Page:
Jamaican proverbs hold a special place in our hearts. They represent the continuation of the oral history of our nation, a summation of the stories and lessons of our forefathers in a few succinct, witty lines. Nothing thrills us like hearing the words of our ancestors in our native tongue, passing along wisdom – sometimes with a heavy dose of humour – to the next generation. Here are some Jamaican proverbs speaking to the elements of fire and water.
Fire deh a muss muss tail, him tink a cool breeze.
Translation: When fire is at muss-muss’ (a fictional creature) tail, he thinks it is cool breeze.
Wen visitor come a we fireside, we mek we pot smell sweet.
Translation: When visitors come to our fireside, we ensure that our pots smell sweet.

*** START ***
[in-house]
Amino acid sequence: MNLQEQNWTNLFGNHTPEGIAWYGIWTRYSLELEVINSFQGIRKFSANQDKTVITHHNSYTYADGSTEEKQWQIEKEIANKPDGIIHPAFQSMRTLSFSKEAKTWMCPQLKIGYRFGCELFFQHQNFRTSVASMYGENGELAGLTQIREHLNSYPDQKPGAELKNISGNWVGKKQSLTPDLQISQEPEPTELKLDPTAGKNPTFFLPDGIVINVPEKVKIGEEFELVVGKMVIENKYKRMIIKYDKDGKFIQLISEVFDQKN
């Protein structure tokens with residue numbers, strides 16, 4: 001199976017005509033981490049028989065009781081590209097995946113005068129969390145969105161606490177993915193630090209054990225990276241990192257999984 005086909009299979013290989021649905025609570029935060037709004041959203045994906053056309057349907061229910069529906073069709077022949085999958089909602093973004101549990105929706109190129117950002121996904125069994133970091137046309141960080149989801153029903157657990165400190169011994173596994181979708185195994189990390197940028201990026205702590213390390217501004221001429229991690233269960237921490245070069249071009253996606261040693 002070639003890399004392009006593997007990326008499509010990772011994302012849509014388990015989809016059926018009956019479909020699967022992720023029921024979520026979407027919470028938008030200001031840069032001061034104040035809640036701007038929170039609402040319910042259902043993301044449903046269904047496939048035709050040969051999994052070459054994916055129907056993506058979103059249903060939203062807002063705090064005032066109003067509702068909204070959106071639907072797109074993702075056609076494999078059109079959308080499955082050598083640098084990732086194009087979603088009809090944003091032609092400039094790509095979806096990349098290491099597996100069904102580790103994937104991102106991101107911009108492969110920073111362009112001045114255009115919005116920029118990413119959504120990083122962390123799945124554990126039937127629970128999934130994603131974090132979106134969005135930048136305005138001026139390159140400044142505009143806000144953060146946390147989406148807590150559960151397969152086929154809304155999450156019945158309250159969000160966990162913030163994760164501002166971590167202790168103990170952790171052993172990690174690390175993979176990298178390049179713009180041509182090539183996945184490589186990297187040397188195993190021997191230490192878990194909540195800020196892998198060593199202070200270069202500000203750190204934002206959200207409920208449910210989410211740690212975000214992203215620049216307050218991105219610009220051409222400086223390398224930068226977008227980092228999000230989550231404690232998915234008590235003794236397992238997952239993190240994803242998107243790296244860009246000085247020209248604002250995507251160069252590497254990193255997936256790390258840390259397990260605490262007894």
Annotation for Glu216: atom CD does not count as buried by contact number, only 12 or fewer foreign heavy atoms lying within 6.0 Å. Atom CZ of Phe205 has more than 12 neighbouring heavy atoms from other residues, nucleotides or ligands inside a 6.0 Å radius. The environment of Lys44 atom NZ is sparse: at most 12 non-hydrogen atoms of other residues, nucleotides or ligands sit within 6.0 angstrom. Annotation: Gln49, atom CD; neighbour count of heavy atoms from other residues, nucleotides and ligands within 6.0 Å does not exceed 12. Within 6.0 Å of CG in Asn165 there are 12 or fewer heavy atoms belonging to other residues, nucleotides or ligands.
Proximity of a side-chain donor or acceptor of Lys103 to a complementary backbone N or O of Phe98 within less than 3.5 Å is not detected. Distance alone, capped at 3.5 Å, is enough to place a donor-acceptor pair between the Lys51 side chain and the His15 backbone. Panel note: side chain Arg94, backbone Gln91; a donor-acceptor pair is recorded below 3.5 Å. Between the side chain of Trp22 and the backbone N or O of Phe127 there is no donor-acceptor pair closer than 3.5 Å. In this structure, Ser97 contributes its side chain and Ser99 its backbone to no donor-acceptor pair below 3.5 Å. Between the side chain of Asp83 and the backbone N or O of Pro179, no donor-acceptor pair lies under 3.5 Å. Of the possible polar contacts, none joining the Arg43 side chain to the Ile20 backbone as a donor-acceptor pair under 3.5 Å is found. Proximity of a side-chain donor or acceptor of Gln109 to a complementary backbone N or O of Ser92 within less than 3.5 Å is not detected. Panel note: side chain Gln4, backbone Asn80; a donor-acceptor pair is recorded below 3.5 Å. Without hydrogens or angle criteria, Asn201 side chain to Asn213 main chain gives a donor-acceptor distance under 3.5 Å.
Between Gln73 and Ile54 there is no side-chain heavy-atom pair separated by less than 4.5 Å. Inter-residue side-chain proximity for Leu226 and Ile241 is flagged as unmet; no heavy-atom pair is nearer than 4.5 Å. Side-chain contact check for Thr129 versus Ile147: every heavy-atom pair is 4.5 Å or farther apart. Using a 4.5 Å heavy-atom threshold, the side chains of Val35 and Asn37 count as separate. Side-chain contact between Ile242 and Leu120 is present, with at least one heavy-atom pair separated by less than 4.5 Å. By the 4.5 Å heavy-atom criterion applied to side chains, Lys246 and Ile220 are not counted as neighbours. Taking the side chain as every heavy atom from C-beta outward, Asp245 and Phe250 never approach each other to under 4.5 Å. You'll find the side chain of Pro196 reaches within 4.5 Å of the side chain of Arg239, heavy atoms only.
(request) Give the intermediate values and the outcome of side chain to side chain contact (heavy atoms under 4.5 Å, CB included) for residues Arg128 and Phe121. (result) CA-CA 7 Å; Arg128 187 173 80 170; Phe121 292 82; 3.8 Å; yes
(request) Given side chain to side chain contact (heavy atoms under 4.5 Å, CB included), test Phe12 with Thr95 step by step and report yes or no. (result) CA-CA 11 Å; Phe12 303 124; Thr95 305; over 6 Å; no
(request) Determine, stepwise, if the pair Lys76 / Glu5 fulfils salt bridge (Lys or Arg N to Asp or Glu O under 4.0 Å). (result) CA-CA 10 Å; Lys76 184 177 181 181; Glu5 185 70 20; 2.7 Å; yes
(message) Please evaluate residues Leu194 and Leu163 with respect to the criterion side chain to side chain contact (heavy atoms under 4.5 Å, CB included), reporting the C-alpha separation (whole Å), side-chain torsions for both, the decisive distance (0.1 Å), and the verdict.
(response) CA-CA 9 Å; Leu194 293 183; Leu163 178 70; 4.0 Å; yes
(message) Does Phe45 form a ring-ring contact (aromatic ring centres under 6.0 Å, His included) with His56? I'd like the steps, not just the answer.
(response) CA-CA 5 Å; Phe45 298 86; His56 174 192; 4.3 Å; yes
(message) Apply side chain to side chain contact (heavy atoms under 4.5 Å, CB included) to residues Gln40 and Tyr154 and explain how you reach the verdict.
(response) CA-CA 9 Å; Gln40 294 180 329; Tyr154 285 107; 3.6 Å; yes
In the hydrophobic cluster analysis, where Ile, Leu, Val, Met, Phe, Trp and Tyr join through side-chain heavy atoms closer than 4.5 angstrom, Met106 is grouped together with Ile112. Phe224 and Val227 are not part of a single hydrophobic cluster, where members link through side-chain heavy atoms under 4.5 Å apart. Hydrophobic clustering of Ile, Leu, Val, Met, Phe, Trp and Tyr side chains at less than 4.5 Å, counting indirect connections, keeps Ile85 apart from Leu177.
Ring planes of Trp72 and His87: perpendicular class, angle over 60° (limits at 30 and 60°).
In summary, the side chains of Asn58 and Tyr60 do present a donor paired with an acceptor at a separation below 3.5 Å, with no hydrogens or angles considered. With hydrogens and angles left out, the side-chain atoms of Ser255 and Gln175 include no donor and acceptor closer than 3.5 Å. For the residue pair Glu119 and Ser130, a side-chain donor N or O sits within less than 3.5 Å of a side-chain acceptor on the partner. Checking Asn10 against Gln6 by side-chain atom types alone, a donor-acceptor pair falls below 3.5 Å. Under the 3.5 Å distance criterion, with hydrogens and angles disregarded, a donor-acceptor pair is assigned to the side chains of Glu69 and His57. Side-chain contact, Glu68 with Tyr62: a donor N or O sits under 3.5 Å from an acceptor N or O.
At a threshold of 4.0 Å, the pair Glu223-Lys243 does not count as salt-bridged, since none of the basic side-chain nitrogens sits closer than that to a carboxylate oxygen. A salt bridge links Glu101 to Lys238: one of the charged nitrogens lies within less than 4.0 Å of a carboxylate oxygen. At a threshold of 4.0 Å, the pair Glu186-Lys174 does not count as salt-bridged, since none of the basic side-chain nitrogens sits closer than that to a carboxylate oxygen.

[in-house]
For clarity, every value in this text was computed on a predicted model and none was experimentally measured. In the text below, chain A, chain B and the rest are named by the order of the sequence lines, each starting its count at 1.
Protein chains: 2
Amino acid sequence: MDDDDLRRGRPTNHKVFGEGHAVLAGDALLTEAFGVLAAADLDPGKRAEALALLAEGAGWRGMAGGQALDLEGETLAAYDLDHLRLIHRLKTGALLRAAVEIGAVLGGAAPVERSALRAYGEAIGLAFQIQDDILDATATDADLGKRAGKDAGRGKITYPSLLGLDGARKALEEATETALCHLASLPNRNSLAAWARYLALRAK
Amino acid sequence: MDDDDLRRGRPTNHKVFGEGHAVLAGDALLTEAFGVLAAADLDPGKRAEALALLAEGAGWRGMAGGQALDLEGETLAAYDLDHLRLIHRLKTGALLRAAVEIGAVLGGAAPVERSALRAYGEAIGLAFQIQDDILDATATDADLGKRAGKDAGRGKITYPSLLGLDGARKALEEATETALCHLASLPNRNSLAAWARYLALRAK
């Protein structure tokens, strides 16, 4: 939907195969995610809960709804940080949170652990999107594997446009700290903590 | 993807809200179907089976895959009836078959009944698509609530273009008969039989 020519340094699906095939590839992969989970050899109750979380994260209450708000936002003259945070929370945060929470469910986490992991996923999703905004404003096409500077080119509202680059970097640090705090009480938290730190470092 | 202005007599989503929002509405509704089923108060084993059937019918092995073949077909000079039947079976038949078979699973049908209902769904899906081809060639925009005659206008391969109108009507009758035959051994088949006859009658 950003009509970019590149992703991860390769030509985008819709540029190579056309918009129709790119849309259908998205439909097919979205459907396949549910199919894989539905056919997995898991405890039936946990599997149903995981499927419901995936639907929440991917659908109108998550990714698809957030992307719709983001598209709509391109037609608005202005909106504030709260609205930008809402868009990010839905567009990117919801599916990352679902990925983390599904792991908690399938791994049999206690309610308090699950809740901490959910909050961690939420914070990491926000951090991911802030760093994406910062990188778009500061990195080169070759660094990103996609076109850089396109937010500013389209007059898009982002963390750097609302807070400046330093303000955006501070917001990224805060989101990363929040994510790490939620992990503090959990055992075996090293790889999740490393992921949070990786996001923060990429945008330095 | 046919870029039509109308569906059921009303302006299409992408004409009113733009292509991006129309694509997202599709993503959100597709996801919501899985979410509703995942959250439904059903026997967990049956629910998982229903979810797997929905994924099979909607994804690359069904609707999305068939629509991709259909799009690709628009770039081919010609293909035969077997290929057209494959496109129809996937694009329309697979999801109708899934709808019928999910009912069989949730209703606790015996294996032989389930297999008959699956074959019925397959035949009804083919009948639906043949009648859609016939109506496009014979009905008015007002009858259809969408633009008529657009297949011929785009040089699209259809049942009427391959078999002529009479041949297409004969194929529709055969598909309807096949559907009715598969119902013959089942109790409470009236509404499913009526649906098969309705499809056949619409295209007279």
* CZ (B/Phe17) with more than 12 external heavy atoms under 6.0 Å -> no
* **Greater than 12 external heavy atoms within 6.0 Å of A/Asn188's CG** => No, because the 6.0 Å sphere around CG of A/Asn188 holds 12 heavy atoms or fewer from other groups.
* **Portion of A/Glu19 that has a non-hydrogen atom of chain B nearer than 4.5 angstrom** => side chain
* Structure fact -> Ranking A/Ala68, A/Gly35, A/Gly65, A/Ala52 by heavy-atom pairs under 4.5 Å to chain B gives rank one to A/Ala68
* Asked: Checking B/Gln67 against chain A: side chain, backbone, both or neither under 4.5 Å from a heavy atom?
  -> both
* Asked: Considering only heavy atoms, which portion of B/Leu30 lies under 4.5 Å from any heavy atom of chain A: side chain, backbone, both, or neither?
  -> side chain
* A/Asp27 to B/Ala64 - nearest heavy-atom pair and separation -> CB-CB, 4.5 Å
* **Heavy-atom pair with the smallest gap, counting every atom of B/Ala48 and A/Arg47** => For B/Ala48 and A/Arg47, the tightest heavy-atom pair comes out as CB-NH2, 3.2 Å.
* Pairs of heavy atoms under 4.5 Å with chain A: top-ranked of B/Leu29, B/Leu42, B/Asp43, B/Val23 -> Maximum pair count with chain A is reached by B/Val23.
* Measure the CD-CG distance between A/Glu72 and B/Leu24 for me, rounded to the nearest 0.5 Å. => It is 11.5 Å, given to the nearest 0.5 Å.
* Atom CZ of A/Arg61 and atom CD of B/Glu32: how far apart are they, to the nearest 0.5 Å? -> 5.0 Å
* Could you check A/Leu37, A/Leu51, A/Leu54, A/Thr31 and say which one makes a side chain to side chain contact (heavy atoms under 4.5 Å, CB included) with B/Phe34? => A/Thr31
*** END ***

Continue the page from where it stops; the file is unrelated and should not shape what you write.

Pudden cyaan bake widout fire.
Translation: A pudding cannot be baked without fire.
Yuh cyan tek mout-water so out fire.
Translation: You cannot use mouthwater to put out a fire just so.
Dutty water can put out fire.
Translation: Dirty waters can put out a fire.
When water trow weh, it cyaan pick up back.
Translation: When water is thrown away, it cannot be picked up back.
Rock stone a ribba bottom never see sun hot.
Translation: The rockstone at the bottom of the river never sees the heat of the sun.
Every fish eena sea nuh shark.
Translation: Not every fish in the sea is a shark.
Sun bun washer woman, but it dry her wet clothes.
Translation: The sun may burn the washerwoman, but it will also dry her wet clothes.
Drought time hard pon mawga cane, but it never too late fi a shower a rain.
Translation: Times of drought are difficult for a meager dog, but it is never too late to get a shower of rain.